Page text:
If Twenty20 cricket is all about holding your nerve, it might be fair to say Seven7 is about embracing uncertainty, keeping the faith, giving it all you’ve got and hoping that your luck holds. With the first serious rainfall in eight months drenching Sooriyawewa, South Africa and Sri Lanka had to be content playing seven overs each, and through the resulting mayhem AB de Villiers led his team to a 32-run win.
For the first time in three games at the Mahinda Rajapaksa International Cricket Stadium, the stands were filled nearly to capacity, and when the skies opened early in the afternoon, with dark, ominous clouds streaming in from the South West, it was a tribute to the groundstaff that even this long a game was possible. While there will no doubt be discussion over whether there’s anything left to play for, or indeed watch, in a Seven7 match, it seemed cruel to turn away those who had travelled far without any cricket.
In the event, Mahela Jayawardena won an important toss – no-one really knew what a good score was in a seven-over match – and put South Africa in to bat. Ajantha Mendis, hero of the Sri Lanka’s first match, sat out with a niggling side strain, giving Rangana Herath a match. South Africa brought Faf du Plessis into the side in place of Robin Peterson and before everyone could catch their breath properly, the game got under way at 6pm local time.
Hashim Amla, opening the batting with Richard Levi, stayed calm, and focussed on lifting the ball over the in-field in the two-over Power Play. Amla’s decision to look for placement rather than power worked, and his nine-ball 16 got the innings started in the right manner.
If Amla set the stage, it was AB de Villiers who took the game away, waiting on the ball, playing it late and swinging hard. A short ball from Lasith Malinga was thumped so hard over mid-wicket that even the 100-metre long-boundary was completely inadequate. Choosing his strokes as carefully as the truncated game allowed, de Villiers muscled his way to 30 off only 13 balls, with one four and two sixes. The innings lifted South Africa to 78 for four from seven overs.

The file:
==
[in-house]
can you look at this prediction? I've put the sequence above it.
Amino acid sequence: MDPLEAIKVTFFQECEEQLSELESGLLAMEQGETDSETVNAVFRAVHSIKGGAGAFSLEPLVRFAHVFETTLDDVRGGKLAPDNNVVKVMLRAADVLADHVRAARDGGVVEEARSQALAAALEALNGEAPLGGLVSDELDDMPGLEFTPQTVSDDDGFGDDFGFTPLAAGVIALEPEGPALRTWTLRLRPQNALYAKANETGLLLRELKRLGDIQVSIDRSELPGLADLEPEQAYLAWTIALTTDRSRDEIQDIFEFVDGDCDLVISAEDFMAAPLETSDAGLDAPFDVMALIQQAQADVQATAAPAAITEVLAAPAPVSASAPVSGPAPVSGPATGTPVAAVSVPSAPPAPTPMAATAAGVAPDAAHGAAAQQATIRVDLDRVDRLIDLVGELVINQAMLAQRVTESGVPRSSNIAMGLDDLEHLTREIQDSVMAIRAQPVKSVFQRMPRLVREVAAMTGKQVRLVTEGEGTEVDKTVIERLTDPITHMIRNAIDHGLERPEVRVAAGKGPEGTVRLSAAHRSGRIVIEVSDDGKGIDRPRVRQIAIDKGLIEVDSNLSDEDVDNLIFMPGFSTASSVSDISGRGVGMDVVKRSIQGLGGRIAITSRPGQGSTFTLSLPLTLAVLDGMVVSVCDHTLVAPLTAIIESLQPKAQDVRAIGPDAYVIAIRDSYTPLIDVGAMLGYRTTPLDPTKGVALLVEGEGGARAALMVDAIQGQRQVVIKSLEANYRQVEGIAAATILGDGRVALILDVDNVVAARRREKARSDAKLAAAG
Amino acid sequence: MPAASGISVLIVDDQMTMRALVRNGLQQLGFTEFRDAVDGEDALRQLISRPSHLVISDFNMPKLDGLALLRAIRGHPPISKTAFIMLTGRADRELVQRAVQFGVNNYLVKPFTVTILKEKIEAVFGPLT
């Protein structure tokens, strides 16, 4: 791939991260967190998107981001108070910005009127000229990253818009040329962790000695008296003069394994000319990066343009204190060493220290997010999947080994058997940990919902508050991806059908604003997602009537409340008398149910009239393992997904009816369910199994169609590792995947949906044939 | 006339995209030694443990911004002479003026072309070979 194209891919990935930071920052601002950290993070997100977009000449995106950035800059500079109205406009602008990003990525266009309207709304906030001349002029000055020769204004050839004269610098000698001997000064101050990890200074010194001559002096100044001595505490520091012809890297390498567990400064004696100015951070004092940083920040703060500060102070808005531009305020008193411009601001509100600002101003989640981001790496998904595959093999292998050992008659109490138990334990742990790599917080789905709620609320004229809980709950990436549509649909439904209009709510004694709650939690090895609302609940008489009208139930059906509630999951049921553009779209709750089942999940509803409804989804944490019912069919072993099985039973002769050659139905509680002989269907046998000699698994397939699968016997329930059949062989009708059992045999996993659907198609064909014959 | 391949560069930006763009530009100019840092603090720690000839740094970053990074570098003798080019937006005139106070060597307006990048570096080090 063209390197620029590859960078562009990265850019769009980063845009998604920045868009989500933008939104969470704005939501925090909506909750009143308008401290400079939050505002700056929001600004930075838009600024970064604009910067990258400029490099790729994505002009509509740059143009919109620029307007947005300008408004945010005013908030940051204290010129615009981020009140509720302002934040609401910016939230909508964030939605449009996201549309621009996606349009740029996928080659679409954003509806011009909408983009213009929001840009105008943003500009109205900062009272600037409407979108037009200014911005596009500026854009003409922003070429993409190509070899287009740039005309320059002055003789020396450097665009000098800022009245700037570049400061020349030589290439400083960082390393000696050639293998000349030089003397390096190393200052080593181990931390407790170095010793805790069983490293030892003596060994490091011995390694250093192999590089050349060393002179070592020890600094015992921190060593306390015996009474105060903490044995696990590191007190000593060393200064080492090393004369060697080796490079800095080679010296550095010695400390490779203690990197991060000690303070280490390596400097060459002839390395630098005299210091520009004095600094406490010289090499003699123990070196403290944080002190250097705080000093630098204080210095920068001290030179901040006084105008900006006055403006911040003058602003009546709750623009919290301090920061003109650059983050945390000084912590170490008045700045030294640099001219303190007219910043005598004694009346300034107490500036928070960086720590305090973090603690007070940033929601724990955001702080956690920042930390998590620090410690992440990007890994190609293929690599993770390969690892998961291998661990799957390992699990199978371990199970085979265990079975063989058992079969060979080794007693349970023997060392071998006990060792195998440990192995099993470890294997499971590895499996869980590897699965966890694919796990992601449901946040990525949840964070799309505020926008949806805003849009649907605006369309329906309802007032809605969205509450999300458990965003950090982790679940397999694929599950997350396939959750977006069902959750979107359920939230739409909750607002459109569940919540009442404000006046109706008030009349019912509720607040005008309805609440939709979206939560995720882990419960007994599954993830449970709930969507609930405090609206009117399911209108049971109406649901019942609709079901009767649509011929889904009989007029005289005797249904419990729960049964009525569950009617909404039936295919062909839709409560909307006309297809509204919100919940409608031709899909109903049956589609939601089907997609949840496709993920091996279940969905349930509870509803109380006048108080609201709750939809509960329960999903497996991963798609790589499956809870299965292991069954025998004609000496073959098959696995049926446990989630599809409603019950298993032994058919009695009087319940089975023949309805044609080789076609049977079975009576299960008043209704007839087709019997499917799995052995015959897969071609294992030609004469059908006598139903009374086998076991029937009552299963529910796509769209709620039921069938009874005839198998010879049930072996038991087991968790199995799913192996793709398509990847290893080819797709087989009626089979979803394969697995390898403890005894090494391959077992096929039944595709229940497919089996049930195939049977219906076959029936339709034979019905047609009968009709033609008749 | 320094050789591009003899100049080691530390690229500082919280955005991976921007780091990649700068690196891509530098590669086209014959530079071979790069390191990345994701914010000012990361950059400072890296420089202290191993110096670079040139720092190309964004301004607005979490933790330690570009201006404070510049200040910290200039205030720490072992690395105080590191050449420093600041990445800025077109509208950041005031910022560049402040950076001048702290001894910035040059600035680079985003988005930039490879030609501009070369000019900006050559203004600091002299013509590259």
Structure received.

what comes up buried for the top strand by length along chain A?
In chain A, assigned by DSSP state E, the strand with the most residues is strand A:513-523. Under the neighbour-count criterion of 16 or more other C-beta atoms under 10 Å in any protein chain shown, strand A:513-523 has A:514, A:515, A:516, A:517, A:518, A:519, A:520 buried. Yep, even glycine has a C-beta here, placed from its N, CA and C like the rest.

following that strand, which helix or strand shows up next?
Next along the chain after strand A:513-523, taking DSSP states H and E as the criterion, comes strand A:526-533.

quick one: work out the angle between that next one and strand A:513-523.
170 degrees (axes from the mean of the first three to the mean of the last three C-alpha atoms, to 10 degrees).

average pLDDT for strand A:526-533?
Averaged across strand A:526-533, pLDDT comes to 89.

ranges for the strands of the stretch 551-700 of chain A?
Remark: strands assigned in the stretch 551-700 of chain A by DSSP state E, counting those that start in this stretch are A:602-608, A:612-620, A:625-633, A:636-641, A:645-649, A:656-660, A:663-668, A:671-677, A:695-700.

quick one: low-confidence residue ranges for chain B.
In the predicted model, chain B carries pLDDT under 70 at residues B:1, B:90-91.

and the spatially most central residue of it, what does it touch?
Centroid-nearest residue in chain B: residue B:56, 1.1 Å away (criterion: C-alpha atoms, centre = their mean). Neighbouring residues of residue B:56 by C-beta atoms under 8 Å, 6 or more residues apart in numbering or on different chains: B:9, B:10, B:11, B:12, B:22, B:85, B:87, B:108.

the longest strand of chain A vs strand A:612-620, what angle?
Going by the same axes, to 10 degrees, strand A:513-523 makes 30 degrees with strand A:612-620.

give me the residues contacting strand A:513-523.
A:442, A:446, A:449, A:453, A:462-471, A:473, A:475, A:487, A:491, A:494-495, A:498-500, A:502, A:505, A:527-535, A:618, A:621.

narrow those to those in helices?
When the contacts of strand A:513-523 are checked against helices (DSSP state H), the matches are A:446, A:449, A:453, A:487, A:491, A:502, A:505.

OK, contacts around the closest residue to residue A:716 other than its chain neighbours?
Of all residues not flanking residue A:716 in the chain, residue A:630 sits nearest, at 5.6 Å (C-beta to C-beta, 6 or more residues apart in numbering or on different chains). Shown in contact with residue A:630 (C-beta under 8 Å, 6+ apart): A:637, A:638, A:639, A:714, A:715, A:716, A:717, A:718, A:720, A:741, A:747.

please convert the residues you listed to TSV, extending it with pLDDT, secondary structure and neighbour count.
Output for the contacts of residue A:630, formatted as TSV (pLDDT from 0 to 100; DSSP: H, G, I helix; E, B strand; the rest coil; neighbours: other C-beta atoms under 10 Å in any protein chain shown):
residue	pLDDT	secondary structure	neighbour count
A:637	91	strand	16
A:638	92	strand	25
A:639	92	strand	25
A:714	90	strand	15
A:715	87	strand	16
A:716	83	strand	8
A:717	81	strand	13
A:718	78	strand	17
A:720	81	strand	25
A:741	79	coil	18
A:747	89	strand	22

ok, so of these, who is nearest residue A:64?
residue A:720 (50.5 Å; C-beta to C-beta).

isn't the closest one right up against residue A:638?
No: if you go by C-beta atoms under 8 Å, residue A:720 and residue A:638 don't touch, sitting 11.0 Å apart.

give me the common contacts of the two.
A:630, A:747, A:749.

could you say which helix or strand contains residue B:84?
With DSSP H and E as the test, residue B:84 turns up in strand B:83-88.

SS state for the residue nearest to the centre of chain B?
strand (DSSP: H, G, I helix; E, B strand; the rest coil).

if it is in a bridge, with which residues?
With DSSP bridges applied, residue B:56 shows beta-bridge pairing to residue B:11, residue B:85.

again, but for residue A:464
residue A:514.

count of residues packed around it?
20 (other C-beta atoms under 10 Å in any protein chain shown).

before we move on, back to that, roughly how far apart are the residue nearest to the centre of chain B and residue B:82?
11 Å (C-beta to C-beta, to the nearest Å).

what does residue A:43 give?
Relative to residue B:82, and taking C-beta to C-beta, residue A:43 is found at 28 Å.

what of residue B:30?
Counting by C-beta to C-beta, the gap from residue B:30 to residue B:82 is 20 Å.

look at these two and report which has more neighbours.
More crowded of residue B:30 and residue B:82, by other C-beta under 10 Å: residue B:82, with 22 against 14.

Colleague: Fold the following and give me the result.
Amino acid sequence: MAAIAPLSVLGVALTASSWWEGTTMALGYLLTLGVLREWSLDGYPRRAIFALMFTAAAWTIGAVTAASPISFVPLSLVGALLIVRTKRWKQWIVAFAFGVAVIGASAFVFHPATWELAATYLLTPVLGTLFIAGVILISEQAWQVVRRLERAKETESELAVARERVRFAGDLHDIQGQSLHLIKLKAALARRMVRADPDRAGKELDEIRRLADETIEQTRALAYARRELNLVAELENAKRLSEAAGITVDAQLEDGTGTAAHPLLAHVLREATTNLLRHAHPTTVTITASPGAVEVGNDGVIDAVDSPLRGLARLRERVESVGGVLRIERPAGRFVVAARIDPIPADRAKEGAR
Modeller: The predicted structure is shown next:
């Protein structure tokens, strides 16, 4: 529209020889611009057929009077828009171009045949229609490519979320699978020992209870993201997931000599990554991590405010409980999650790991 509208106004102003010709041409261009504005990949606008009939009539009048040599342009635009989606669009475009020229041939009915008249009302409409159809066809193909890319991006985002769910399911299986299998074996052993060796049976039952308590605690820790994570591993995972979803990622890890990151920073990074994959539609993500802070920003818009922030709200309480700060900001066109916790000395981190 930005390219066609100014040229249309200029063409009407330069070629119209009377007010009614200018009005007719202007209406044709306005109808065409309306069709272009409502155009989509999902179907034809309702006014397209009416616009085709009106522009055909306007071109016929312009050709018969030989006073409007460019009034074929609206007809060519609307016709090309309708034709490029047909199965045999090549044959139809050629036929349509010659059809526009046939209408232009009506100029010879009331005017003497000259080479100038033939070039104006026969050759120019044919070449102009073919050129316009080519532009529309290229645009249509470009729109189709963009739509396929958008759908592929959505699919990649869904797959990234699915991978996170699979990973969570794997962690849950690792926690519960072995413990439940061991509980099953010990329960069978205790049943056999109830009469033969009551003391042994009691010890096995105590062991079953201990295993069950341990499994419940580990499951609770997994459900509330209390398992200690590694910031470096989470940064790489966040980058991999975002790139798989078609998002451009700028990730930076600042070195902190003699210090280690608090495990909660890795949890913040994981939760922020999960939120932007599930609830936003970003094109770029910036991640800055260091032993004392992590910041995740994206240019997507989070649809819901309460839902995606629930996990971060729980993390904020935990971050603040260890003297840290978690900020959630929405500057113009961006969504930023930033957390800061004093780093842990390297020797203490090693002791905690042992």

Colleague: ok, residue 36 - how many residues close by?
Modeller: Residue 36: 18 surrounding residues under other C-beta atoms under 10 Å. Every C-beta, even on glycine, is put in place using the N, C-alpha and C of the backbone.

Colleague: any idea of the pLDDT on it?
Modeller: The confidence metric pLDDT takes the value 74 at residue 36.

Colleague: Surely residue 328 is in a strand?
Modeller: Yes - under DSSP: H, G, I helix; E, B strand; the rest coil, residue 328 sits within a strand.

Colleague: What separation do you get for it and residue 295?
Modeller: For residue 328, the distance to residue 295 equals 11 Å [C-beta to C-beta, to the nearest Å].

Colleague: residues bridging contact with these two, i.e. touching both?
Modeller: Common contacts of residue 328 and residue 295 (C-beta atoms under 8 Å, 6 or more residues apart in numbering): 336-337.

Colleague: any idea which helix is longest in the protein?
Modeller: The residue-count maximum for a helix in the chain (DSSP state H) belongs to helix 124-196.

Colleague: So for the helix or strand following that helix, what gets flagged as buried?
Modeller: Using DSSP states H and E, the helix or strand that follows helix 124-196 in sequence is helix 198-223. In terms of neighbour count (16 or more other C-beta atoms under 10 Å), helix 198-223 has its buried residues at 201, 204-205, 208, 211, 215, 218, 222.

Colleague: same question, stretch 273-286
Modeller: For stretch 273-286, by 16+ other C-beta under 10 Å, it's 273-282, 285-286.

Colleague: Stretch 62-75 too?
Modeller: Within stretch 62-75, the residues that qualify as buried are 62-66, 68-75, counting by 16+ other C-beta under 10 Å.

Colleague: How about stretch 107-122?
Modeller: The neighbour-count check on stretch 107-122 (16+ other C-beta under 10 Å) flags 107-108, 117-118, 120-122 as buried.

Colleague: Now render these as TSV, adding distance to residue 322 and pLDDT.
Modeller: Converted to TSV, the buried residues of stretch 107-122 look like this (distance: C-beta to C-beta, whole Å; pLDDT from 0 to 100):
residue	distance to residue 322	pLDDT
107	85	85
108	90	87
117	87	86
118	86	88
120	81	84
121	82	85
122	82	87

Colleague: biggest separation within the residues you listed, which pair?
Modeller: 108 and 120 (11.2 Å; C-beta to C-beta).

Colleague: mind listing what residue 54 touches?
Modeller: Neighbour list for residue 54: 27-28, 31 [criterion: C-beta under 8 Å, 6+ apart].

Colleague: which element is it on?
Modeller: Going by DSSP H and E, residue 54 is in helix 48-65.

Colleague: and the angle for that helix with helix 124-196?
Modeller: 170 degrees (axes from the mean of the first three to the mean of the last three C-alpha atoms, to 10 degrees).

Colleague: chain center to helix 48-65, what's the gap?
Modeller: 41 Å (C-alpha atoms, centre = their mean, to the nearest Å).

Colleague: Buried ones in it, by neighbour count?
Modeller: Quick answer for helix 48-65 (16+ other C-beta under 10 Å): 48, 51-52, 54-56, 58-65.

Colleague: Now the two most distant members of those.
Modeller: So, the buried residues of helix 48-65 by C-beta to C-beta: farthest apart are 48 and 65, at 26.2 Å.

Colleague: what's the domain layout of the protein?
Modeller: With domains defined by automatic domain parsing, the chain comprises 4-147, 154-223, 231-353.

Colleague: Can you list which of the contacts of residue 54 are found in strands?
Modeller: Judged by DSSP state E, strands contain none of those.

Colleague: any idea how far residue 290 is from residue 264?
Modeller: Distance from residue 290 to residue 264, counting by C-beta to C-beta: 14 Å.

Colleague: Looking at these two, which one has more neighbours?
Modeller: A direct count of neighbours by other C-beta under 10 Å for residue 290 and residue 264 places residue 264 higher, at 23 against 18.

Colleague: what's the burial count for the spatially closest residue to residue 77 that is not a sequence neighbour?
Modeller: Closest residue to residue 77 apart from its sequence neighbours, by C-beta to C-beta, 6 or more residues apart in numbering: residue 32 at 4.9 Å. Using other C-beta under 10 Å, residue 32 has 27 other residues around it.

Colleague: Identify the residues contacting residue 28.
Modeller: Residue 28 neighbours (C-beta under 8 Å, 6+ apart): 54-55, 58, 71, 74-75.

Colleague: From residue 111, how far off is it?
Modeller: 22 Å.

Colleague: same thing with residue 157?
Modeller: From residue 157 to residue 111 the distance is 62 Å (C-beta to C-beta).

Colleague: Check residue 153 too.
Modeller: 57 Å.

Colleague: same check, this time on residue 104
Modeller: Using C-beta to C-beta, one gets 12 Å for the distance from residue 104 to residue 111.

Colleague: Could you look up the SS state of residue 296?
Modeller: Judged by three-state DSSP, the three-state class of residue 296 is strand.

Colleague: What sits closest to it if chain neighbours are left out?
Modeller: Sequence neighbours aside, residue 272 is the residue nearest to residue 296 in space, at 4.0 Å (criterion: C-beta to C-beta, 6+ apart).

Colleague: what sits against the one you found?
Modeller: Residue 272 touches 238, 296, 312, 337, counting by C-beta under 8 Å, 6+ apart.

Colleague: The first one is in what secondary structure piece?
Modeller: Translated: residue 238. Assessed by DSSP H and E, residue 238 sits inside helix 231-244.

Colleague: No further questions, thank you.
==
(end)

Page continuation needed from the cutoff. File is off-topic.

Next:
Jayawardena prompted himself to open the innings with Tillakaratne Dilshan, but Sri Lanka got off to the worst possible start. Jayawardena, after lofting Morne Morkel over cover, drilled a ball straight to wide mid-off. Stop-start running meant that Dilshan was short, even after putting in the dive, as de Villiers collected the ball brilliantly and broke the stumps.
With Dilshan gone before he had a chance to face a single ball, Sri Lanka needed Jayawardena to press on. However, Morkel’s extra bounce and Dale Steyn’s late movement at rapid pace meant that playing and missing was the order of the day. Dilshan Munaweera, who came in at No. 3, repeatedly failed to connect, and as Jayawardena picked out the fielder in the deep perfectly, Sri Lanka finished the Power Play overs at eight for two.
The game was as good as over then, and much playing and missing ensued as South Africa’s bowlers stuck to their basics admirably. Sangakkara and Munaweera made 13 each, but with the other batsmen failing to make it to double figures, Sri Lanka was well short of the target, and only managed 46 for five from their seven overs.